Hazards of Smoking Cigarettes
Over the years, smoking among men and women has been a major concern in our communities. Cigarette smoking is addictive and extremely dangerous to the health of smokers. Studies conducted throughout the world have revealed very important details about risks associated with smoking. Smoking affects nearly all organs of the body, reduces the health of the smoker, and causes numerous diseases (Aryal & Bhatta, 2015). Although smoking cigarettes may seem harmless to some, it can be deadlier than certain illnesses, or diseases that Americans face every day.
In the United States, the risk of dying from cigarette smoking has increased in the past 50 years in both men and women. Cigarette smoking is a major cause of deaths in the United States and the whole world. It accounts for nearly half a million deaths annually in the United States (Aryal & Bhatta, 2015). Other major causes of deaths include HIV, alcohol-related diseases, fire-arm related causes, motor vehicles injuries, and illegal drugs use. Studies show that smoking causes more deaths than a combination of these other causes. Smoking is responsible for a great number of premature deaths in the United States. The number is estimated to be 10 times greater than that of people who died in wars throughout U.S. history (Aryal & Bhatta, 2015). Smoking is a leading cause of lung cancer in both men and women. It accounts for about 90 percent of the lung cancer cases. This means that 9 out of every 10 cases are related to cigarette smoking. The number of women that die of lung cancer associated with smoking is far greater than of those that die of breast cancer. Smoking is a major of cause of chronic obstructive pulmonary diseases. It is responsible for about 80% of the cases in the United States.
The risk of developing chronic diseases is higher in smokers than in non-smokers. Smokers are at a greater jeopardy of developing diseases such as heart diseases, lung cancer, and stroke. The risk of developing the coronary disease for smokers is estimated to be 2-4 times higher than for non-smokers. Studies show that male smokers have greater chances of developing lung cancer (Arnold, 2014). Men smokers are 25 times at risk of developing cancer than their non-smoking counterparts. Women smokers have 25.7 times more risk of developing lung cancer than their non-smoking counterparts (Neovius, Neovius, & Rasmussen, 2010). Smoking is a chief cause of cardiovascular diseases in the United States. It affects the heart and blood vessels. The coronary heart disease and stroke are some of the deadly diseases in this category. They are among the leading causes of death in the United States. Smoking damages the blood vessels. They grow narrower, hence restricting blood flows. The blood pressure increases and sometimes blood clots occur. A stroke occurs when a blood clot prevents blood from reaching some parts of the brain. It may also be an outcome of blood not reaching other organs such as skin or legs due to a blood clot or bursting of blood vessels (Neovius, Neovius, & Rasmussen, 2010).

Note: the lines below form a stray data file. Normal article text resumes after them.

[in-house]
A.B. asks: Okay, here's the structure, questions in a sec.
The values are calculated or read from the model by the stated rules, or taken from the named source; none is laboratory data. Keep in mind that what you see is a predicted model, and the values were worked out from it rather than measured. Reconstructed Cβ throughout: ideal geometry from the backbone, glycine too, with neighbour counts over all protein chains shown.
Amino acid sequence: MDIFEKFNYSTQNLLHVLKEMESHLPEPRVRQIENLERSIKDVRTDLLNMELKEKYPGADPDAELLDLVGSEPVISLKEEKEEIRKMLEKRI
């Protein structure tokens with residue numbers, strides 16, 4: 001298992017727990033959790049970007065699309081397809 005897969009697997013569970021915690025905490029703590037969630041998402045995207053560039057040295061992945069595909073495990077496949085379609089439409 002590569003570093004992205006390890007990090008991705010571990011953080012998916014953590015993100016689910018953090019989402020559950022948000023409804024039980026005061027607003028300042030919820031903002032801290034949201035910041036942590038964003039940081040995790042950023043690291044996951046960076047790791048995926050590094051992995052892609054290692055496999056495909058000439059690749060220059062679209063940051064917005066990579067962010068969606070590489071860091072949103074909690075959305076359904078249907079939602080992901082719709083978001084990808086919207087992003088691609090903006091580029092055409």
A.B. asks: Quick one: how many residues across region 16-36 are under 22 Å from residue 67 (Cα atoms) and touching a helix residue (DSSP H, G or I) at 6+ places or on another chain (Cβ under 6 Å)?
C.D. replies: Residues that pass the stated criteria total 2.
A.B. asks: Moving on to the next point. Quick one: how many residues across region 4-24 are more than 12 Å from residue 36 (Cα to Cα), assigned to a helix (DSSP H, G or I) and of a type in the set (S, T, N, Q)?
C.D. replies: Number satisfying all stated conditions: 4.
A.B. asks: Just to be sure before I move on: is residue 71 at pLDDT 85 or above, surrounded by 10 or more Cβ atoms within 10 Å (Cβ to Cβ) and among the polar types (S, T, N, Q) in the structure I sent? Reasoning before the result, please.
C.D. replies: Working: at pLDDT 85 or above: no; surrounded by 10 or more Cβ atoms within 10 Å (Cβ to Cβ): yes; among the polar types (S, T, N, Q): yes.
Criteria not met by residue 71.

Smoking is the number one cause of respiratory diseases. It leads to the development of chronic obstructive pulmonary diseases. These are incurable diseases that affect the lungs. They affect the airways and alveoli. The diseases are characterized by airflow limitation in and out of the lungs. Emphysema and chronic bronchitis are some of the diseases in this category. Emphysema makes the alveoli weak and full of mucus (Arnold, 2014). Breathing becomes difficult. The air sacs eventually burst and leave holes in the lungs. The holes trap air into the lungs. Smoking is the major cause of this disorder. Concerning chronic bronchitis, this disease affects the airways. They become inflammatory and start producing mucus. The effect cannot be reversed unlike in acute bronchitis. For asthmatic smokers, it can easily trigger attacks (Rostron, 2012). Smoking is the leading cause of cancer in all body organs. It increases the risk of developing cancer of the cervix, blood, esophagus, rectum, pancreas, stomach, and many other organs. Smoking causes many health-related problems. Infertility in men is one of these problems (Schroeder, 2013). It affects the sperms that can lead to miscarriages. Regarding women smokers, it affects their health such that it becomes hard for them to conceive. It leads to effects such as stillbirths, preterm deliveries, low birth weight and orofacial clefts among many other effects (Schroeder, 2013). Smokers have a greater risk of getting type 2 diabetes mellitus, which is hard to control. Smokers have 30-40 percent higher risk of developing diabetes compared to their non-smoking counterparts. Moreover, smoking leads to the development of cataracts in the smoker’s eyes. This is the clouding of the eye-lenses that makes it hard for the eye to see properly. Furthermore, smoking affects the gum and teeth. It is responsible for teeth loss and sometimes gum cancer. It also causes body inflammation and affects the body immune system decreasing its function. It leads to the growth of weak bones (Rostron, 2012). This affects women past the child-bearing age. It leads to greater risks of broken bones at advanced ages.
Smoking does serious harm to the body organs. It is the greatest cause of death that is preventable. The remedy to the problem is to quit smoking. Many diseases associated with smoking can be reduced. Quitting smoking significantly reduces the risks. Though chronic obstructive pulmonary diseases and cancer are hard to treat, they can be controlled. This means that many deaths can be controlled too.